The provenance of this large set of photographs of Shanghai in 1940 has puzzled me ever since I found it. These photos are particularly interesting because they extensively document a large number of parties in Shanghai's cabarets and restaurants. I discussed some of these photos in an entry on Alexander Vertinsky, Victor Sassoon and Larissa Andersen in the same picture. Finally, I found this information on the identity of the photographer. It would be great to locate A. T. Hull, Jr.'s filmed footage of Shanghai!
From University of Iowa Libraries.
'A. T. Hull, Jr. has been in the Orient filming every aspect of life in the war zones and the yet bomb-free Japan, Indo-China, Malaya, etc. He made a short trip home in 1939 to receive the national award for outstanding achievement in the international field of newsreel photography with his films on the bombing, firing, Chinese evacuation and Japanese occupation of Canton, which were called the world's best. He also lectured at that time before a few outstanding audience groups in the United States. In the Far East almost continuously since the outbreak of the Sino-Japanese war, he has exposed more than 200,000 feet of film in that time. However it is not restricted to war footage, but is a streamlined documentation of the cause and effects of the war, photographed progressively over this period of years and covering both sides impartially.'
'A daredevil cameraman, A. T. Hull, Jr. has survived more than 300 air raids upon Chinese cities — has filmed the Chinese and Japanese armies in combat — followed the westward trek of the Chinese people bearing factories on their backs — traveled with the Japanese Army through the occupied zones and into Mongolia and Machuokuo to photograph the conquerors and their carpetbagging agents administering their spoils — filmed the daily life of Shanghai which in its International Settlement offers the one haven in the world for visaless refugees from Axis persecution in Europe — tracked down the amazing story of medical triumph over spotted typhus that formerly killed its victims in a day's time — took his cameras into Thailand and French Indo-China in the spring of '41 to film Japanese occupation of strategic military and naval bases — visited the primitive Moi tribes in the Indo-China jungles — traveled through Malaya and while there filmed the great naval and military base of Singapore daily reinforced by arrival of additional British Empire troops and naval units and an ever-increasing flood of Lease-Lend aid from America — met and filmed the leaders and peoples from one end of Eastern Asia to the other. His motion pictures are a superb and unique record of the Orient today — the most complete camera portrait now available. Mr. Hull lectures with or without films on general topics or subjects of special interest to his audience. His film material is black and white 35 mm., supplemented in 1942 with some background material, 16 mm. Kodachrome. A vigorous and forceful speaker, an authority on the Far East, he analyzes events and policies of the powers in the Orient with understanding based upon long study, direct knowledge and observation.'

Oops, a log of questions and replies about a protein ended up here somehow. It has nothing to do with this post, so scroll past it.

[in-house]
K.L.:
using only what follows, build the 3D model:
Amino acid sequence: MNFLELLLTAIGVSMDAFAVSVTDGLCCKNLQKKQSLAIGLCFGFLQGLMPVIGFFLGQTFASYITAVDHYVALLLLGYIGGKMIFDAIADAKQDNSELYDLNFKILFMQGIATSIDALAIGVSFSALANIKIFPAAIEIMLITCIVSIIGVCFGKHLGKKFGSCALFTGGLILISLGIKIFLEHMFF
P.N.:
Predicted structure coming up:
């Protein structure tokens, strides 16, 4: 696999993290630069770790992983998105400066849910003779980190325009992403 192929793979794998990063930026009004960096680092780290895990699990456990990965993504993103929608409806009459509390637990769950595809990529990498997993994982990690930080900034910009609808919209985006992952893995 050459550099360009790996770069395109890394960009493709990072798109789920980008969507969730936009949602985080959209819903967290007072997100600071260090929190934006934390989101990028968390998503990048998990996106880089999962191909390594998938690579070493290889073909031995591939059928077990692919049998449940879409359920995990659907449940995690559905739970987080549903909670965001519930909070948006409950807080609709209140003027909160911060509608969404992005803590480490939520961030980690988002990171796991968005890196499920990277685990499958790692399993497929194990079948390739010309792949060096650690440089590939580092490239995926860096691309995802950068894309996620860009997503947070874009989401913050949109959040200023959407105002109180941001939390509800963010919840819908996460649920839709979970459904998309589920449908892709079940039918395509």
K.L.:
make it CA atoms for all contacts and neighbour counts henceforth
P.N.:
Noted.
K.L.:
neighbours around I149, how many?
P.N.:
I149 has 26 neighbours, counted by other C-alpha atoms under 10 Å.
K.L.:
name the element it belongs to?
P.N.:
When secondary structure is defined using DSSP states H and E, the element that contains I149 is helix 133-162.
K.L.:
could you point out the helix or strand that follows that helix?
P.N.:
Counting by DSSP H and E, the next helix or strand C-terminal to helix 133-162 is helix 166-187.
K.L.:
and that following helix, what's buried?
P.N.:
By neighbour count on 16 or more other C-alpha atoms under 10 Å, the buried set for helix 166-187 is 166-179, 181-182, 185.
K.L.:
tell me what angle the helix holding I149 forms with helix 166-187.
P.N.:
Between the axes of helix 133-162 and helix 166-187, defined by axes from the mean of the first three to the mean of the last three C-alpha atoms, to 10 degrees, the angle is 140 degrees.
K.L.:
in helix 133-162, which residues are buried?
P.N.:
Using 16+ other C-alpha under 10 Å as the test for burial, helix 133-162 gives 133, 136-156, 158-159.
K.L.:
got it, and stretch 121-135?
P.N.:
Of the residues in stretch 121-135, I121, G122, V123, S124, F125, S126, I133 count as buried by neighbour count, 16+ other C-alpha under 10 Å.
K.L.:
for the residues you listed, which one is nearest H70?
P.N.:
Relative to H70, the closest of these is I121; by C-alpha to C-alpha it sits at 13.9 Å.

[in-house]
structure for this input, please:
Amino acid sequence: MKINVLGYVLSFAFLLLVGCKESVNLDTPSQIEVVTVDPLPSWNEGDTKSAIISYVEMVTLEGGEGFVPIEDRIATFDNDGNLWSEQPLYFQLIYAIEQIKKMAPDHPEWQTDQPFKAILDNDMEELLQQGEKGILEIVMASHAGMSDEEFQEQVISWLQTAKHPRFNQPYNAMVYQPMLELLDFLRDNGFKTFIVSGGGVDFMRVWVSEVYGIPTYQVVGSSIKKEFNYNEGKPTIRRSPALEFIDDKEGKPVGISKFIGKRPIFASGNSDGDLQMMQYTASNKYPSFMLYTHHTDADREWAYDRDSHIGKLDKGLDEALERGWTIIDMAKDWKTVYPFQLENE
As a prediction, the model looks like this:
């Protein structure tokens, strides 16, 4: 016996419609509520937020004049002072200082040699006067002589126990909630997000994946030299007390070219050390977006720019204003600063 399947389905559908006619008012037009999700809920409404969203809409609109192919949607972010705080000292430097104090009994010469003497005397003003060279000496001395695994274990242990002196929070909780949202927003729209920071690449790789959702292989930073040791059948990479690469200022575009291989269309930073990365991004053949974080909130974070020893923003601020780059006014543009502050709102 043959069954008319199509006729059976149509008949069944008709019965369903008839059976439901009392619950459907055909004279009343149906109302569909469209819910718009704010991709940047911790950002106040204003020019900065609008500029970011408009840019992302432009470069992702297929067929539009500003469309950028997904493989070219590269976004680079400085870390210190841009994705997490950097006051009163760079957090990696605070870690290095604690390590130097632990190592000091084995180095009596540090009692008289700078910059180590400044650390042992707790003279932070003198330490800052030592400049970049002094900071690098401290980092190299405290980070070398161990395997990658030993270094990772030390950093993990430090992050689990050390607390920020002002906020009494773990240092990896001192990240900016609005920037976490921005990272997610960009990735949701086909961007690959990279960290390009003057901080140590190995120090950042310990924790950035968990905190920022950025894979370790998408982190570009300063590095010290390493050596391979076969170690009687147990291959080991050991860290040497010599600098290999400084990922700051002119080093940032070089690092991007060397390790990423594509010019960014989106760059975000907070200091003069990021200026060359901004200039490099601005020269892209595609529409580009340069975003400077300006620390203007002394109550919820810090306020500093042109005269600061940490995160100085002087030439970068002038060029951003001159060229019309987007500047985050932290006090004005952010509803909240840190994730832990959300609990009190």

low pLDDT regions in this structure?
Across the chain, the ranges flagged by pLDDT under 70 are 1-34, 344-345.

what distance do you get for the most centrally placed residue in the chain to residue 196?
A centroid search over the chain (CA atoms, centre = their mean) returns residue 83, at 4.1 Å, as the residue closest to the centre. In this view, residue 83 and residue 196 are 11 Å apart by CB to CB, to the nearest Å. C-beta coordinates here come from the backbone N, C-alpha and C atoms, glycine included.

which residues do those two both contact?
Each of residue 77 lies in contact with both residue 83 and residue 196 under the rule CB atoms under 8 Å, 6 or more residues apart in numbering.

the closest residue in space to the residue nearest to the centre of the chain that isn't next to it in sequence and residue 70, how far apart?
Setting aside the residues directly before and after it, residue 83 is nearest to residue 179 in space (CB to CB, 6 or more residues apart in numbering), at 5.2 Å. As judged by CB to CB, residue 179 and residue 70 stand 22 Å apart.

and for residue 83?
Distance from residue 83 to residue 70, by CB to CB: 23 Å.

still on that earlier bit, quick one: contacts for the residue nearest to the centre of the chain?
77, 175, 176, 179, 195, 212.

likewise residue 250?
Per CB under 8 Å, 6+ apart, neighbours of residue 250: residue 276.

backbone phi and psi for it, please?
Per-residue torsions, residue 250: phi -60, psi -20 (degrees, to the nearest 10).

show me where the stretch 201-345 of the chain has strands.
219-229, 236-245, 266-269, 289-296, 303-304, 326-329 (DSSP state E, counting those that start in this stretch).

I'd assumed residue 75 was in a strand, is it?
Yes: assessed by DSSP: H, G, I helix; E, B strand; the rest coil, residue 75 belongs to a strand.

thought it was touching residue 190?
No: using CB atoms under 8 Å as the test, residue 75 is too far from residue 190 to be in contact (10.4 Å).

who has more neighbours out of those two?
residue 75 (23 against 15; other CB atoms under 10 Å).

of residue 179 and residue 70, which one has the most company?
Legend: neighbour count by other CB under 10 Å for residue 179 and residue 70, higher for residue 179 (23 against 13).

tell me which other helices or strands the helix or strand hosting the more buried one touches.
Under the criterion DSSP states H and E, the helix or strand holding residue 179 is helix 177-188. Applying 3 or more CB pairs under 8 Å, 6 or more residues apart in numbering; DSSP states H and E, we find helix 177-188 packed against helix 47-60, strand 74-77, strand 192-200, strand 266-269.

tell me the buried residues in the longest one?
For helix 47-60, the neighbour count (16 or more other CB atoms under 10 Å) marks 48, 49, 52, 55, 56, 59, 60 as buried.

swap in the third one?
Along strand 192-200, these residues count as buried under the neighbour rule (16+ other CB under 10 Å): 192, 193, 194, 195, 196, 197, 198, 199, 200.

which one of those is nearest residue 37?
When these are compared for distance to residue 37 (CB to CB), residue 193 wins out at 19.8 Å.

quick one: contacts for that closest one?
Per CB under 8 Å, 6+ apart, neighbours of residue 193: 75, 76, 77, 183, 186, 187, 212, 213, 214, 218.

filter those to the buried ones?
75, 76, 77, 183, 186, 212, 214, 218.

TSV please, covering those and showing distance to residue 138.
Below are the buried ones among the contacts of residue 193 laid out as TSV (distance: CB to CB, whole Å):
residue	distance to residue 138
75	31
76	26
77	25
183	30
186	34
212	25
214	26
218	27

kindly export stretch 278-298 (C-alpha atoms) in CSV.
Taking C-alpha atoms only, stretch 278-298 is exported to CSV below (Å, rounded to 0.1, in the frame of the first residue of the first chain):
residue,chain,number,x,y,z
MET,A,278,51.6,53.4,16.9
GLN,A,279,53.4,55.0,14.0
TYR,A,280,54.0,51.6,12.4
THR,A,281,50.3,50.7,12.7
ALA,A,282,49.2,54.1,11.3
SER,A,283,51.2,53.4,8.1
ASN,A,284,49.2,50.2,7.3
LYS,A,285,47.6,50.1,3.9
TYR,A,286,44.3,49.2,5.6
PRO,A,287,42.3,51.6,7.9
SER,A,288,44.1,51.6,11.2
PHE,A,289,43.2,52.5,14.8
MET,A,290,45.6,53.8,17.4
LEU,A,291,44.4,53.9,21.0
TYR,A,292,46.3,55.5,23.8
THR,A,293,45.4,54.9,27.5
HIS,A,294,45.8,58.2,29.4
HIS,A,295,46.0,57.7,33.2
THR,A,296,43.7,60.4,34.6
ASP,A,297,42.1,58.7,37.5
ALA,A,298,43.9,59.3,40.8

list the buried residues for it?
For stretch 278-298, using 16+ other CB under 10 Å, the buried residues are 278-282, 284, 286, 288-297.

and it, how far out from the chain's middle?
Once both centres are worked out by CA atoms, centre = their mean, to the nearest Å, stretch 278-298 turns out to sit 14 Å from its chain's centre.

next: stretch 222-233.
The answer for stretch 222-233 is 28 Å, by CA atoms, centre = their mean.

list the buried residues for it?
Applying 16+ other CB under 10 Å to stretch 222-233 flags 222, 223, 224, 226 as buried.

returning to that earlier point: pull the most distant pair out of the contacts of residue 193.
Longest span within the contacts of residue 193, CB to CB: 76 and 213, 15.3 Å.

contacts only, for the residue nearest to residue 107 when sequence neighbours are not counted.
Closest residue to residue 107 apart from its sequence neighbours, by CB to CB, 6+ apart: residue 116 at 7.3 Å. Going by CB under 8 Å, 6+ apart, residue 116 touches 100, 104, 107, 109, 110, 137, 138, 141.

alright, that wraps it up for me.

'A Virginian by birth, citizen of the world by inclination, A. T. Hull, Jr. was educated in schools throughout this country in accordance with a novel plan of his father to have the boy attend a different school each semester. Between sessions he was sent on extensive world tours and soon was as familiar with far-distant ports as with San Francisco and New York. Landing in Los Angeles from one of these trips, he guested on a radio program and was then engaged to conduct a series of travel programs several years. Later he engaged in private business, but the lure of travel and camera adventure proved too strong and he returned to the Orient in 1927 as Editor-in-Asia for RKO Pathe News. There his narrow escapes from bombs, fire, flood, disease and other. forms of destruction current in the Far East have kept close pace with his frequent arrests on suspicion of being a spy.'
Source: The University of Iowa Libraries.